Wicking paper is the most preferred water retaining media 20 in this embodiment. The term “wicking paper” is intended herein to mean blotter type papers having superior capillary rise properties. Wicking paper has an exceptional ability to absorb water. It provides a constant supply of water at its surface due to capillary action. As the water evaporates and becomes airborne, the water at the surface of the media 20 is quickly replaced by water being sucked up through the pores of the paper. It also acts to easily distribute water that is distributed to the media 20. If a portion of the paper is immersed in water or in the water path of a trickle down type humidifier, capillary action will also tend to wick away a portion of the water to nearby pores that contain less water. In this embodiment, the resiliency of the paper media 20 tends to expand the media in the unfolded configuration because it tends to decompress itself. This improves the surface area and the ability of the media to hold water compared to the compressed state.
Applicant has discovered that Ahlstrom Filtration grade No. 939-39 paper made by Ahlstrom Filtration, Inc., Mt. Holly Springs, Pa. 17065, is an excellent wicking paper for fabrication of the evaporative element 12 of the invention. The Ahlstrom paper is 97-100% cellulose fiber with a grace of polyamide wet strength resin. The paper has a basis weight of 37-41 lbs. Per ream (20 in.×20 in.×500 sheets). It has a thickness of 0.026 to 0.036 inches. Its wet burst is 150″ H2O min. The Frazier permeability of the Ahlstrom paper is 30-40 cm/ft2. Most importantly, the Ahlstrom grade No. 939-39 paper has a capillary rise ability of 79-112 mm/min. The excellent capillary rise ability of the paper greatly enhances the spreading of water throughout the evaporative element 12, which improves the evaporative rate.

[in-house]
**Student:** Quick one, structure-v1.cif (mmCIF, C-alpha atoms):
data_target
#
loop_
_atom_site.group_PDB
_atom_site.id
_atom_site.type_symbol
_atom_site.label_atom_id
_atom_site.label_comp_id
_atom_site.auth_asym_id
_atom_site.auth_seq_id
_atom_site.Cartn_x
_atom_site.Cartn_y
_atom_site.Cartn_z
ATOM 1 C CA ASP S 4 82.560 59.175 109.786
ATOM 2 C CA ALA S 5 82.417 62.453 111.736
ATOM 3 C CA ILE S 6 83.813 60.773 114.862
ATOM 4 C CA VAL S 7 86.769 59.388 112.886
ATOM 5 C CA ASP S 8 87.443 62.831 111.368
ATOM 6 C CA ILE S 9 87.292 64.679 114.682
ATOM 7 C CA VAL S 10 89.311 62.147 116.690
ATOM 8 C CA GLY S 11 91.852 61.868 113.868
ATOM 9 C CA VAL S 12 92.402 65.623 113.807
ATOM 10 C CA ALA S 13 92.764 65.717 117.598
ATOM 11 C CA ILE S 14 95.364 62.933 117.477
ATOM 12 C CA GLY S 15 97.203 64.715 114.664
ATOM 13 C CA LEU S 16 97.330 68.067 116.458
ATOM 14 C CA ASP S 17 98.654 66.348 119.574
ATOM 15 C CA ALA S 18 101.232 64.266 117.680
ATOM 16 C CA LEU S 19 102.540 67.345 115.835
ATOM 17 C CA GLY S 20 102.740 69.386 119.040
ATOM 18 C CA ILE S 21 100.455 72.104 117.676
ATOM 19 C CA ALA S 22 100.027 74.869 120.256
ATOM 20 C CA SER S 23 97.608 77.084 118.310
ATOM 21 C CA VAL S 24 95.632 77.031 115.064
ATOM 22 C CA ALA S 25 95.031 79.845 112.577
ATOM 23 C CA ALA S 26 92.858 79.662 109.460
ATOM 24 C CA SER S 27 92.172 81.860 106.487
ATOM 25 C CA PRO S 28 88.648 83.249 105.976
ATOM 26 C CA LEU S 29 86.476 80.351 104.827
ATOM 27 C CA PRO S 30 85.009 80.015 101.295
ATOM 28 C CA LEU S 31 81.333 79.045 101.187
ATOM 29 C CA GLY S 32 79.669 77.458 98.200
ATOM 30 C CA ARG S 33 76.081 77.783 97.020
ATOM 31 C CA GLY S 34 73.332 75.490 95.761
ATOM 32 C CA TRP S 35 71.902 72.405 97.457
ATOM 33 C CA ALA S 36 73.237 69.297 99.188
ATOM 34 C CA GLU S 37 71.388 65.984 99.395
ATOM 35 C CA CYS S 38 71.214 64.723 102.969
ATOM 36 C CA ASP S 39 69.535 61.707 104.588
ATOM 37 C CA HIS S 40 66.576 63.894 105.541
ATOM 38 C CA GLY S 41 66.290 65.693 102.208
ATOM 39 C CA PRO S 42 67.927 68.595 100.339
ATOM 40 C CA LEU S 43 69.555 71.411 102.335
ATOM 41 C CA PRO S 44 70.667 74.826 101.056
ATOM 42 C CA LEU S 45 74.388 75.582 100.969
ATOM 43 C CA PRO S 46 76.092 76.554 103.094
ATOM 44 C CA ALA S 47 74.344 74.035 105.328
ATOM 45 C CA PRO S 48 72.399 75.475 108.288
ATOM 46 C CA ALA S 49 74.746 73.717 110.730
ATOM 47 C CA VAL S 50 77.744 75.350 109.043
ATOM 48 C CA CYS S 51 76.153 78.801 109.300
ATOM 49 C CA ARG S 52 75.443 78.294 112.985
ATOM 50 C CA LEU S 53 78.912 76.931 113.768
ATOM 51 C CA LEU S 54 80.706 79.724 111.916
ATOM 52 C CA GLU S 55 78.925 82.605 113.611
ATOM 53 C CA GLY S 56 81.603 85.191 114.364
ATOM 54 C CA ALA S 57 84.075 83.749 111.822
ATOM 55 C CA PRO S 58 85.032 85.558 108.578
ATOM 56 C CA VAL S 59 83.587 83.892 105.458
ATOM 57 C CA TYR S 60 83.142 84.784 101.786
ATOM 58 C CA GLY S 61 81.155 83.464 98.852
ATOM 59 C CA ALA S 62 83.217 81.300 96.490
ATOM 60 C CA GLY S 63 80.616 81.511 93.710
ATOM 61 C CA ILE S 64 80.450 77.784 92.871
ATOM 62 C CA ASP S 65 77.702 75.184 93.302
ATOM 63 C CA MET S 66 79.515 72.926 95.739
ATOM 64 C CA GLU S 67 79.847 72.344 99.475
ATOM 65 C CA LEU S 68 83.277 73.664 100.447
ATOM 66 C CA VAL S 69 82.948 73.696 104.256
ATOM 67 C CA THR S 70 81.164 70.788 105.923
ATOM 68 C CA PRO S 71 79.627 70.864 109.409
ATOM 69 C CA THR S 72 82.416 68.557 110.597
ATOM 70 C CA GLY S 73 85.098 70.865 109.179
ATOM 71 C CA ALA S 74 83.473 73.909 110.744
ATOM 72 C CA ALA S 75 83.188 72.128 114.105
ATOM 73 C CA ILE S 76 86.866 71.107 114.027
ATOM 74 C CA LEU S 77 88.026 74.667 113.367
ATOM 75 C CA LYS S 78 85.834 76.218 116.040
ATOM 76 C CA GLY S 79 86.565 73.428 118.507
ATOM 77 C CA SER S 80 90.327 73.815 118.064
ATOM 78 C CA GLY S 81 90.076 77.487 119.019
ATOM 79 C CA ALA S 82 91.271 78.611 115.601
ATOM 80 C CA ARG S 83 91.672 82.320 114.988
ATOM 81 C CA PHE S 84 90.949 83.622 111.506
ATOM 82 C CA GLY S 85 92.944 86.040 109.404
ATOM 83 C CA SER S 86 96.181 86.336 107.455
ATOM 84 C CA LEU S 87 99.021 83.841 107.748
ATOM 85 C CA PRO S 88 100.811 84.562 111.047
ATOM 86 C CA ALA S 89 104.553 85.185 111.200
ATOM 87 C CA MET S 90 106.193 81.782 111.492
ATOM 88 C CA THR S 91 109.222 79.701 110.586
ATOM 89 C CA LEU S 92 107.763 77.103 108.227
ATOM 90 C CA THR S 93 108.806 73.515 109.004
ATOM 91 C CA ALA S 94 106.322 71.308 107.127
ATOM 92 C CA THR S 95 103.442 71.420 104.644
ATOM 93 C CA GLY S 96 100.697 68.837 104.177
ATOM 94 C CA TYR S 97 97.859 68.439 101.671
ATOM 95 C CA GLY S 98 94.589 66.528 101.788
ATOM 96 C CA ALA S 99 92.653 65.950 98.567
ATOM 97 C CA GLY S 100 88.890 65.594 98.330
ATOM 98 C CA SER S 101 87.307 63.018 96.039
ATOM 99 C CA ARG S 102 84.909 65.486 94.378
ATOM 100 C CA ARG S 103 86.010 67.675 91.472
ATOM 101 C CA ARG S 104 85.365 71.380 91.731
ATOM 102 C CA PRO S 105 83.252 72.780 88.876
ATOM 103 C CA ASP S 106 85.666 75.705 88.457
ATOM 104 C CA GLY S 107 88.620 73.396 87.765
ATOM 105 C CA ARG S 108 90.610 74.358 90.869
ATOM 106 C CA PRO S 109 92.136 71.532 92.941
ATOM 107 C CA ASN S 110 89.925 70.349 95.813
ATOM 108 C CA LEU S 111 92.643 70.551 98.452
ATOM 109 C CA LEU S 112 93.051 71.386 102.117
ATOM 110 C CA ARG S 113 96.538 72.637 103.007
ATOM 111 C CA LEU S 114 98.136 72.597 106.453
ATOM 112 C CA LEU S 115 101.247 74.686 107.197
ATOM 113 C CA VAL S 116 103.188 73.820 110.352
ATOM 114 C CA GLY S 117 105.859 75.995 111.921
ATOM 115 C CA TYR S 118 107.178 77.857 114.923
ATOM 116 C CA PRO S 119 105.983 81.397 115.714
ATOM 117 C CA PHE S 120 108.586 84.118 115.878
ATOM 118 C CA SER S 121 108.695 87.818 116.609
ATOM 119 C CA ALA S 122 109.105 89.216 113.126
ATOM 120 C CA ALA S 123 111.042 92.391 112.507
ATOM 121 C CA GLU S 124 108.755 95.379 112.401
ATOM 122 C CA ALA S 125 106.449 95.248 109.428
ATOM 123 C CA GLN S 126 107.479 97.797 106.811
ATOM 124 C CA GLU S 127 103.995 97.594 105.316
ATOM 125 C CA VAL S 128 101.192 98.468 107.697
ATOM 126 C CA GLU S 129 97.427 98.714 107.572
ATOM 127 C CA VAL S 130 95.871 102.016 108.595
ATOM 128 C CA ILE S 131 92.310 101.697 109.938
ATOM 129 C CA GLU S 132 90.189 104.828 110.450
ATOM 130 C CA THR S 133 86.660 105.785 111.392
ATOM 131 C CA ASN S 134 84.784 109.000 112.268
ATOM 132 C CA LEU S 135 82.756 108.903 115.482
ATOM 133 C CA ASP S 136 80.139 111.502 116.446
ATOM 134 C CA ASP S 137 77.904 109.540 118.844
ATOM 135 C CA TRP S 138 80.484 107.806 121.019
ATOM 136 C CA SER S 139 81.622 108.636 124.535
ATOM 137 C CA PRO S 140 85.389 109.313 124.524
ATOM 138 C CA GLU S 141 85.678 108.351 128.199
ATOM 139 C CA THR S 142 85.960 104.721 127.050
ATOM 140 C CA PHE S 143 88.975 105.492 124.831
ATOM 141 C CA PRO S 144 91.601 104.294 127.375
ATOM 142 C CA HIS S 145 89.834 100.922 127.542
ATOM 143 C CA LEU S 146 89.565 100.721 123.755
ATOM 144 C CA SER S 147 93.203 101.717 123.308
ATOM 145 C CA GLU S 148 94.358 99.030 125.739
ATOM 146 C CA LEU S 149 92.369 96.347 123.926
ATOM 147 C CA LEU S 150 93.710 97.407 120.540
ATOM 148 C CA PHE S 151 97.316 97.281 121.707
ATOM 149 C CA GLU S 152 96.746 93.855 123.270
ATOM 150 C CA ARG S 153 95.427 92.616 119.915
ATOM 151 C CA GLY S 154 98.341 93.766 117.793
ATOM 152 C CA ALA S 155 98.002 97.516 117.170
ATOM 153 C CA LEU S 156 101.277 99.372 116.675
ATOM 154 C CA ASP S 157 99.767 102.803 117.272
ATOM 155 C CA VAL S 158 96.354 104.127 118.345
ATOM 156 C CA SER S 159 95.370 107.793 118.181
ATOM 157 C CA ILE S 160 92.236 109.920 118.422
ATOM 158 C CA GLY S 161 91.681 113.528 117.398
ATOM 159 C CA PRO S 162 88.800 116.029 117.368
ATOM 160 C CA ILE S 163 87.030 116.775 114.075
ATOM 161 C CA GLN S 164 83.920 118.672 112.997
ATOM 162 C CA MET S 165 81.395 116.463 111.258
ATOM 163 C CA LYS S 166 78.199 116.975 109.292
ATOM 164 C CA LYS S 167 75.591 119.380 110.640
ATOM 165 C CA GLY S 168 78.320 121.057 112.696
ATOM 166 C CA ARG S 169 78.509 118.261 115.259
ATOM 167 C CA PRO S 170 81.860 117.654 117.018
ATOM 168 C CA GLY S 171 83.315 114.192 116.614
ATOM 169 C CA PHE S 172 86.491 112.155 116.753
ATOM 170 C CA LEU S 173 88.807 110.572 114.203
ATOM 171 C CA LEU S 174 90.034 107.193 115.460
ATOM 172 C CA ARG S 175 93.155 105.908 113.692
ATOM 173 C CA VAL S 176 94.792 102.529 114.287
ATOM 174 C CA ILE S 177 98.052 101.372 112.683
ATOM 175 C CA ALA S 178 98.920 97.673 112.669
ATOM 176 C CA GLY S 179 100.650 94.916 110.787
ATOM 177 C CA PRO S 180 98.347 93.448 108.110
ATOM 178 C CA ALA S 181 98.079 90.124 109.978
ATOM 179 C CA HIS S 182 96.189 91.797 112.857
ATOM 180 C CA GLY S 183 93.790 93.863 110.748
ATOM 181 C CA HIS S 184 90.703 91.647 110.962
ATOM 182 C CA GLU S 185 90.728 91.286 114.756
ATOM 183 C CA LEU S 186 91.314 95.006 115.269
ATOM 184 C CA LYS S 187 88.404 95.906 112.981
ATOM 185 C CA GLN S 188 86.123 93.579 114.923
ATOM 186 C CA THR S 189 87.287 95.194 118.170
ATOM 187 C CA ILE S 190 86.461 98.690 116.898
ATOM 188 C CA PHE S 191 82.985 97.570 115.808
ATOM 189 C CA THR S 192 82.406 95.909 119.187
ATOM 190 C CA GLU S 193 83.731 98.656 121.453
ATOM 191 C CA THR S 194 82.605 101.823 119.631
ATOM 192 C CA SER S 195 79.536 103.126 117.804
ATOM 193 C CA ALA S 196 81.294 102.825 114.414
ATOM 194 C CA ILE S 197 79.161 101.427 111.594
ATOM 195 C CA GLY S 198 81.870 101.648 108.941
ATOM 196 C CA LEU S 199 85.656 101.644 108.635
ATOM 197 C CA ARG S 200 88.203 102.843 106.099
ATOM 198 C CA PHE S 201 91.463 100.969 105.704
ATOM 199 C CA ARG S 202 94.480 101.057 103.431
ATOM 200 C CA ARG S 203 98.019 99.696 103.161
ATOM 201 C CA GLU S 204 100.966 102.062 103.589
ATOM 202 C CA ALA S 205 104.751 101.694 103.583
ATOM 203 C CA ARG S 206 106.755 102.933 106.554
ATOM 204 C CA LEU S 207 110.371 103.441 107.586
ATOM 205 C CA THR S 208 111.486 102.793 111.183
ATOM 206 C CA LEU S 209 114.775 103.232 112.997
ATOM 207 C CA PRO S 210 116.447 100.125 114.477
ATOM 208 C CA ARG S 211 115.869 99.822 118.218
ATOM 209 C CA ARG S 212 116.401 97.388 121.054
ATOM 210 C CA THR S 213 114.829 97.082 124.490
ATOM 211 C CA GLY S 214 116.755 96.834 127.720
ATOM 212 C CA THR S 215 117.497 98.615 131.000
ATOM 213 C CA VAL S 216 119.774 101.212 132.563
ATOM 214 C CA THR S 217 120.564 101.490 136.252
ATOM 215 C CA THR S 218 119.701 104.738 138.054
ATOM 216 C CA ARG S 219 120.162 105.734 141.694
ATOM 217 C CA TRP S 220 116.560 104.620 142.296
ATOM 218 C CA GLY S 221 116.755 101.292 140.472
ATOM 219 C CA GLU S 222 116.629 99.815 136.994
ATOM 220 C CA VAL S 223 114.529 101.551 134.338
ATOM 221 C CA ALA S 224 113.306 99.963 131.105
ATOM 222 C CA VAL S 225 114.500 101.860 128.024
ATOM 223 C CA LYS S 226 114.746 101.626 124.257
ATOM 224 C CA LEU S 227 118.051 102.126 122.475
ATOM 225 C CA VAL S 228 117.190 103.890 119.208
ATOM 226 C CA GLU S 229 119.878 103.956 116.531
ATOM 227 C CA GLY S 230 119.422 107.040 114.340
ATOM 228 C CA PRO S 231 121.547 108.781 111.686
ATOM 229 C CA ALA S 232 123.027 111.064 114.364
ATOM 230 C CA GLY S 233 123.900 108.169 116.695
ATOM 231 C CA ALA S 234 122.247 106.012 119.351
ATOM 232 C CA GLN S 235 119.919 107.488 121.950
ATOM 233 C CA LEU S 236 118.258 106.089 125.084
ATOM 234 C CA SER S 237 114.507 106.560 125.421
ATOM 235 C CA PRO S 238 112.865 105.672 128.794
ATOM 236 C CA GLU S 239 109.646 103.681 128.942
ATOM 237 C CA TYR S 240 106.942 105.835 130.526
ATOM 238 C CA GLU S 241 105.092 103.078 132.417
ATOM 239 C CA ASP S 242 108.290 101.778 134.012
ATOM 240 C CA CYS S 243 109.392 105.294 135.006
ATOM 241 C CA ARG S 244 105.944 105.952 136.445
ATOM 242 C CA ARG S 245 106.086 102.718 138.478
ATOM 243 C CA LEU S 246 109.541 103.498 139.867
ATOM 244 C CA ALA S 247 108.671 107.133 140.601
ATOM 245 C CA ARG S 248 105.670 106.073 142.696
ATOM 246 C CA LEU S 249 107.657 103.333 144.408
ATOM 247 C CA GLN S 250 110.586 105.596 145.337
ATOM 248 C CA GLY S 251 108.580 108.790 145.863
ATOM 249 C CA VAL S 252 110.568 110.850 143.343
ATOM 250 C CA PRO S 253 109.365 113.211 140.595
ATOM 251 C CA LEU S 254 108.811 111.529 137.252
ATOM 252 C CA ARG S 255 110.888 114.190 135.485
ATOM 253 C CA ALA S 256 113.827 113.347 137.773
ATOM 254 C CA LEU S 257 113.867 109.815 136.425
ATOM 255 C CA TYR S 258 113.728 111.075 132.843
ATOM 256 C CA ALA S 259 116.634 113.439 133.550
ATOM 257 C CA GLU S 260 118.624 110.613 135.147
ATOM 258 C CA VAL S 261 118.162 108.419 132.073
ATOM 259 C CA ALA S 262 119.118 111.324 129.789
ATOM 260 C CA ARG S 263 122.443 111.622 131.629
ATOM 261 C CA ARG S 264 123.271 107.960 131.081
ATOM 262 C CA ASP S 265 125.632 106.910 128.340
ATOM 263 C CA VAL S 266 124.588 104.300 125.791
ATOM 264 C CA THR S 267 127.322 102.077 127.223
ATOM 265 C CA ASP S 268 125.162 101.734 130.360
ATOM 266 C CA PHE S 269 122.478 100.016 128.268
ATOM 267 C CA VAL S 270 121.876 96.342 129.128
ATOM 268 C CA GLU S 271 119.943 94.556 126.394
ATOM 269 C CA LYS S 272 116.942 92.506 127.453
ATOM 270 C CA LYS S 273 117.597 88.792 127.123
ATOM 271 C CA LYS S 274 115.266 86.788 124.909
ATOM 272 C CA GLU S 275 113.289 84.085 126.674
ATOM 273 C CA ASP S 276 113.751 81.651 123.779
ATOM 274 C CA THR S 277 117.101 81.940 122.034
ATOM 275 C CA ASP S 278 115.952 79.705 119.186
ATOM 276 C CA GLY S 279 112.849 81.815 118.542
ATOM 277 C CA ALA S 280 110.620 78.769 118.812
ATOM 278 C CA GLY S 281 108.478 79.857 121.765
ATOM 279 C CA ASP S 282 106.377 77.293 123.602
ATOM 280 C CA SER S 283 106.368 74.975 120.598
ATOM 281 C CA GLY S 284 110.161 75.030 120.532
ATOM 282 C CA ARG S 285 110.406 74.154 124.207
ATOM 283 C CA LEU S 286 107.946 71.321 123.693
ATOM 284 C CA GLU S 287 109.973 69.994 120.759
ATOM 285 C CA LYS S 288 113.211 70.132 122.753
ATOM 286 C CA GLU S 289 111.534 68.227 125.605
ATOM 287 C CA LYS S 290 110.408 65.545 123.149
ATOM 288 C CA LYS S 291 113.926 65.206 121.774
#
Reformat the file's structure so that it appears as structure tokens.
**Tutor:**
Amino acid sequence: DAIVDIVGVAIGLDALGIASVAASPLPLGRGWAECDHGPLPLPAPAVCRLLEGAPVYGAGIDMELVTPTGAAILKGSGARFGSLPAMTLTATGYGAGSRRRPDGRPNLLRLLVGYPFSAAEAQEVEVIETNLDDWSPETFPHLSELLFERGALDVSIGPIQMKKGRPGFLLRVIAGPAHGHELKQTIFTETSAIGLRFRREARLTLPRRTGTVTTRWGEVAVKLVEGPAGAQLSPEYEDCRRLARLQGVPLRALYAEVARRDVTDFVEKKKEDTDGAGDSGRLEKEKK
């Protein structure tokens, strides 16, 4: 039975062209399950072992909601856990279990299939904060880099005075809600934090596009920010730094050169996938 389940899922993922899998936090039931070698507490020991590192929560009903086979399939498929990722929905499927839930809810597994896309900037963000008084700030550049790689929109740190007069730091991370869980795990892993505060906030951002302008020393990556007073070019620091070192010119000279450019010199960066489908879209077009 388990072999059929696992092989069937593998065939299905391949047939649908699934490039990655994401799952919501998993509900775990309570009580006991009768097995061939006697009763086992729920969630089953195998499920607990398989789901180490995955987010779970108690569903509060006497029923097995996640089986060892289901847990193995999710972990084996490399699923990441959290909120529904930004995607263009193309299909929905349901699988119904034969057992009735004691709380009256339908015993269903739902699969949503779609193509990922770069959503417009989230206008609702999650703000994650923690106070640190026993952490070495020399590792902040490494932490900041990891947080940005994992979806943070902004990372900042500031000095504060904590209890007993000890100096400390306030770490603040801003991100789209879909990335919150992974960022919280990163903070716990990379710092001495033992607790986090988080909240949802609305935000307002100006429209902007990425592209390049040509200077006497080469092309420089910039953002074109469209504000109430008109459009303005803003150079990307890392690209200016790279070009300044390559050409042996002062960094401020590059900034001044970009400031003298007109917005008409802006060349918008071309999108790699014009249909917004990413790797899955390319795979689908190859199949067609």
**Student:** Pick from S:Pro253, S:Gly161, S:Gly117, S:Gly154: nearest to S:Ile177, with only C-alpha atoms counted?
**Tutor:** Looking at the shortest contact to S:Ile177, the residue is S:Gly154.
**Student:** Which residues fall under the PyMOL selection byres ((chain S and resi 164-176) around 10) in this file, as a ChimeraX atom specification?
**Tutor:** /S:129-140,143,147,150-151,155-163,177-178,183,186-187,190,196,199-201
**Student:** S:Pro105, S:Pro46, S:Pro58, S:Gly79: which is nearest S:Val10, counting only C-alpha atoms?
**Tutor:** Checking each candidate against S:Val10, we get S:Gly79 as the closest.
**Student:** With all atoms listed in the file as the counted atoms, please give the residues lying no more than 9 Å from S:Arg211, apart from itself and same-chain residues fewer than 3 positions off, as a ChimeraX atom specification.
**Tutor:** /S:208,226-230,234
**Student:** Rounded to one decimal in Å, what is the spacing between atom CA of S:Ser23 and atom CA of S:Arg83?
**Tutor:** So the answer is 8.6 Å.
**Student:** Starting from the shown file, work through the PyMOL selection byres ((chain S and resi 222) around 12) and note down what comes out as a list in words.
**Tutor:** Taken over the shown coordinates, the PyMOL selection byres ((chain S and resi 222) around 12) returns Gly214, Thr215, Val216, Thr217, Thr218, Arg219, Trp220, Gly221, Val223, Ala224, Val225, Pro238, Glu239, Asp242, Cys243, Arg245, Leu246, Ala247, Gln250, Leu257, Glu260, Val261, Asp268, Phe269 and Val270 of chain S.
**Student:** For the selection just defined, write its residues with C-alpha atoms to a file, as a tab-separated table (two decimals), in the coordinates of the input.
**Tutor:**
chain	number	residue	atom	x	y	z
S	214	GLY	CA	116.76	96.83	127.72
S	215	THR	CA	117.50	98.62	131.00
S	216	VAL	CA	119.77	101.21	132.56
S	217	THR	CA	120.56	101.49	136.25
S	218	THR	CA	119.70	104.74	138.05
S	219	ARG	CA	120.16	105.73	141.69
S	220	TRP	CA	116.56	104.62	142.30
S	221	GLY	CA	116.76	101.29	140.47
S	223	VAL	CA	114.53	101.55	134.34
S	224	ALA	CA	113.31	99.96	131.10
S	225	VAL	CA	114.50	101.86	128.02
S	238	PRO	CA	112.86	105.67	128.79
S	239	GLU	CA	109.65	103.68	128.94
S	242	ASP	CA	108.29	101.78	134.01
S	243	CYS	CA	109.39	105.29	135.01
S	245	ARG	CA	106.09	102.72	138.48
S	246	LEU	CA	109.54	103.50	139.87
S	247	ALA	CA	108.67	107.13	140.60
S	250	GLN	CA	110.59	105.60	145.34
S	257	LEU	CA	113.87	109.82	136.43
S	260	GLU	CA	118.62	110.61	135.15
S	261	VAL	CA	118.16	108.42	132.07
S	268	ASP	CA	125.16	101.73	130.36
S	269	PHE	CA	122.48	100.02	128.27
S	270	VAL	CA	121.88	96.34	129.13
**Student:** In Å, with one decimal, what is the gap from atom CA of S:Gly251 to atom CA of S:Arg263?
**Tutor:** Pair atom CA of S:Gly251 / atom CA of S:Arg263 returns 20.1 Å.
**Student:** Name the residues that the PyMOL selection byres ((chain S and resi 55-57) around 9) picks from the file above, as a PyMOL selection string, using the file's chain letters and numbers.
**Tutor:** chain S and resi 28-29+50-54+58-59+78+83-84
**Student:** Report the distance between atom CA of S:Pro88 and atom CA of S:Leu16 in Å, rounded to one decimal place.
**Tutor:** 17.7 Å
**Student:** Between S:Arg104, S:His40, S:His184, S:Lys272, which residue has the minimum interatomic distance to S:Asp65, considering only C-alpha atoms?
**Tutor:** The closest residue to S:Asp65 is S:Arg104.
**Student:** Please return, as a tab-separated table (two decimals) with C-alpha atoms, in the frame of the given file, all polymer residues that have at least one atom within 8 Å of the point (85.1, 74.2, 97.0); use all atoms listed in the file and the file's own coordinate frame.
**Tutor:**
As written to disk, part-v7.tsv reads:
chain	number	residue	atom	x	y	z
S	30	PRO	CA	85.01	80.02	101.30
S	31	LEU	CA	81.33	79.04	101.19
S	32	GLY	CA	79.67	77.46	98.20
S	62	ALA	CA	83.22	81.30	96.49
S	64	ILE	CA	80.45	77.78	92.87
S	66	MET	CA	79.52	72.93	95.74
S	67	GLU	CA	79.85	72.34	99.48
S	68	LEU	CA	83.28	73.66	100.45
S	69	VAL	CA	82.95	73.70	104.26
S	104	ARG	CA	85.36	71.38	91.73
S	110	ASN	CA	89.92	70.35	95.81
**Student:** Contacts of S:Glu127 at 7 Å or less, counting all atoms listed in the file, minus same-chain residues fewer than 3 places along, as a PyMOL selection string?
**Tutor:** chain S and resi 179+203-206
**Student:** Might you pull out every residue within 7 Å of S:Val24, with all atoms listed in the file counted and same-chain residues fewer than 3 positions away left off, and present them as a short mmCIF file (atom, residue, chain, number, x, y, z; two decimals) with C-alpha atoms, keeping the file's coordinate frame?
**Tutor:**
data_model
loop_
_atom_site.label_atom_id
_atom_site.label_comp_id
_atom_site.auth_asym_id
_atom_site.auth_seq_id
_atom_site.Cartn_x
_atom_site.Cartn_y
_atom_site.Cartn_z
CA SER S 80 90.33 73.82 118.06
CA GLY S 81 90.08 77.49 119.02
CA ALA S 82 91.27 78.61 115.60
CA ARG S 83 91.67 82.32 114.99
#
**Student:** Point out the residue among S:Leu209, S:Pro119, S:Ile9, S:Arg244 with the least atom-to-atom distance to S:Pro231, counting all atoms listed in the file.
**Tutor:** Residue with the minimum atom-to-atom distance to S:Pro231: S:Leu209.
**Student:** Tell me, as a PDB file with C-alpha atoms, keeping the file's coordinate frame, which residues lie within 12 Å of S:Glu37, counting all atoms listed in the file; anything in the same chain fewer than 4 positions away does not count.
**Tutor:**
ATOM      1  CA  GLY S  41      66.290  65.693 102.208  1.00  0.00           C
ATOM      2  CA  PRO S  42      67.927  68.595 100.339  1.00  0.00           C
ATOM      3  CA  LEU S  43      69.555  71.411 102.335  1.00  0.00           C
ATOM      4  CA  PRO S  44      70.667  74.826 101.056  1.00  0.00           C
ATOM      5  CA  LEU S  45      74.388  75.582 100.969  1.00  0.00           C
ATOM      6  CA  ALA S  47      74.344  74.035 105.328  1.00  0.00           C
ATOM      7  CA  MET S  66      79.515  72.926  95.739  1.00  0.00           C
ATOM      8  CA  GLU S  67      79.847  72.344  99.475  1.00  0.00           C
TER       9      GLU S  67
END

The preferred support layer 22 is a thin metal or plastic layer. This support layer 22 is juxtaposed to at least one of the layers of water retaining media 20 and is suitably rigid to provide structural support to the media layers, and suitably malleable to hold the stacked media layers in a preferred shape. Exact thickness of the support layer 22 must be determined by the shape and size of the evaporative element 12 that is formed and the number of support layers to be used, but generally, relatively thin materials, such as metal foils, are suitable in this application, and are preferred materials. In order to minimize the cost of the evaporative element 12, the thickness of this support layer 22 is preferably no greater than needed to support the evaporative element on the clip 14. Thickness of about 0.008 inches is preferable for the support layer in many applications.